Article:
MY SON STAYED ONE MORE YEAR IN PRE-SCHOOL
As a result of some confidences at the counter from distressed parents about their children not entering the first year of school because they were conditional students, I asked for the collaboration of Sara Guelha, Clinical Psychologist, on this topic:
“A new school year begins bringing many expectations, challenges and goals. The transition from preschool to primary school is an important moment and a change for the child.
For parents, it is a time of some anxiety and worry, especially for parents of conditional children, because they may have to stay another year in preschool. This does not have to be seen as a disappointment or as a concern in a child’s school life.
Staying in preschool one more year does not mean losing, failing or slowing down the pace of learning, quite the opposite. Children acquire more social and personal skills to deal with the challenges of primary school.
Explain to the child in a positive way that staying another year in preschool has advantages:
He/she will make new friends, keep the friendships already established previously, remind him/her that he/she will have another year of playing and challenges, and that they will be even happier and able to learn to read and write next year.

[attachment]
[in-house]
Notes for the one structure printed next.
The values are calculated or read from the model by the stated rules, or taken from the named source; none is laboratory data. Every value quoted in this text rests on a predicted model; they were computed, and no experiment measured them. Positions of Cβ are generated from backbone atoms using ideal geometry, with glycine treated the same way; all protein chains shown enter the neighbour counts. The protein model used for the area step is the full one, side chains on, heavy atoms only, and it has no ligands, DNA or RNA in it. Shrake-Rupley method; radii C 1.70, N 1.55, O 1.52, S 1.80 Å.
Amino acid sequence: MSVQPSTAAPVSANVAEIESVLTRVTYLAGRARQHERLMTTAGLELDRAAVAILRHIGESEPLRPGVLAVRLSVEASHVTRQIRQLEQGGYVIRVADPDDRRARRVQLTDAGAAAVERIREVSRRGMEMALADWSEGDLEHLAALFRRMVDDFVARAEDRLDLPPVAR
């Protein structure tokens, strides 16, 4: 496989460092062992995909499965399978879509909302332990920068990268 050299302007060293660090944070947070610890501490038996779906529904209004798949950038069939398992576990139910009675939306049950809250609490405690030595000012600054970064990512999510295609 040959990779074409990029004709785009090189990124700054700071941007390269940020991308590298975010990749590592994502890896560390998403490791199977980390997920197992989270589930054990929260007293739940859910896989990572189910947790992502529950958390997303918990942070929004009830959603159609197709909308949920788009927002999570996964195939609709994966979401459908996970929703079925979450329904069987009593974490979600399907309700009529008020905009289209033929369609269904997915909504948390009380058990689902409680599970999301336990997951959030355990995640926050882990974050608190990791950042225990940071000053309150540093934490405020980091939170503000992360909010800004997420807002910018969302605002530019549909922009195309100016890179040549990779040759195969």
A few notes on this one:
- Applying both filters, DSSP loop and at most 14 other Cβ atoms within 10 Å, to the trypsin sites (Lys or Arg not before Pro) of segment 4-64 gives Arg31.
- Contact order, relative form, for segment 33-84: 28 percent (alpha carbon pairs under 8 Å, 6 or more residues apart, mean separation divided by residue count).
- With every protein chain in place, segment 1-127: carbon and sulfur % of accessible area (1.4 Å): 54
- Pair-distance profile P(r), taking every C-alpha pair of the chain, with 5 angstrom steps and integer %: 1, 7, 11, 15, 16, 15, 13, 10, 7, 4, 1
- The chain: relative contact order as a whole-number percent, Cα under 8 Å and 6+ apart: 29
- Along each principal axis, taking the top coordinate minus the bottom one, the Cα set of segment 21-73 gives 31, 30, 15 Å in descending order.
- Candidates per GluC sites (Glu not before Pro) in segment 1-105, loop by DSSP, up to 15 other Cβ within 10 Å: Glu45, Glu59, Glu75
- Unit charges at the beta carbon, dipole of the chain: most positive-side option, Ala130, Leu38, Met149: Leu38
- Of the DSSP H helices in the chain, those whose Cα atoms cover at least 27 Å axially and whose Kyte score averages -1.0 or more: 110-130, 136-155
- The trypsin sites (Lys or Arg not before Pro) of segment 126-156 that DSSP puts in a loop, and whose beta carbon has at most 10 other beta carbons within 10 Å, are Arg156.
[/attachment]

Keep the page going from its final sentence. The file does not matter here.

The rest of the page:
It is important for parents to manage expectations, to understand that there are steps to everything and different learning rhythms, and to view the situation as necessary, by finding advantages rather than difficulties.
They should avoid interpreting the situation as a setback in the child’s school career, but rather as an opportunity to reinforce other skills and abilities.
And it is also by playing that the child develops several potentialities, stimulating concentration, memory, learning to deal with frustration and acquiring and/or reinforcing rules, making him/her more confident and secure.
Remove the negative charge from the commonly used expression of “delaying” the entry in primary school because it is not true.
It is a question of preventing 5 year olds from being forced to grow up and accompany children who are almost 7 years old in the same schooling challenges.
Also, remind parents that children who spend another year in kindergarten are not disadvantaged in terms of competition with peers who have not done so.
The child must compete with himself/herself, overcome himself/herself, and be happy. There is no urgency for success!”
Thank you for sharing, Sara!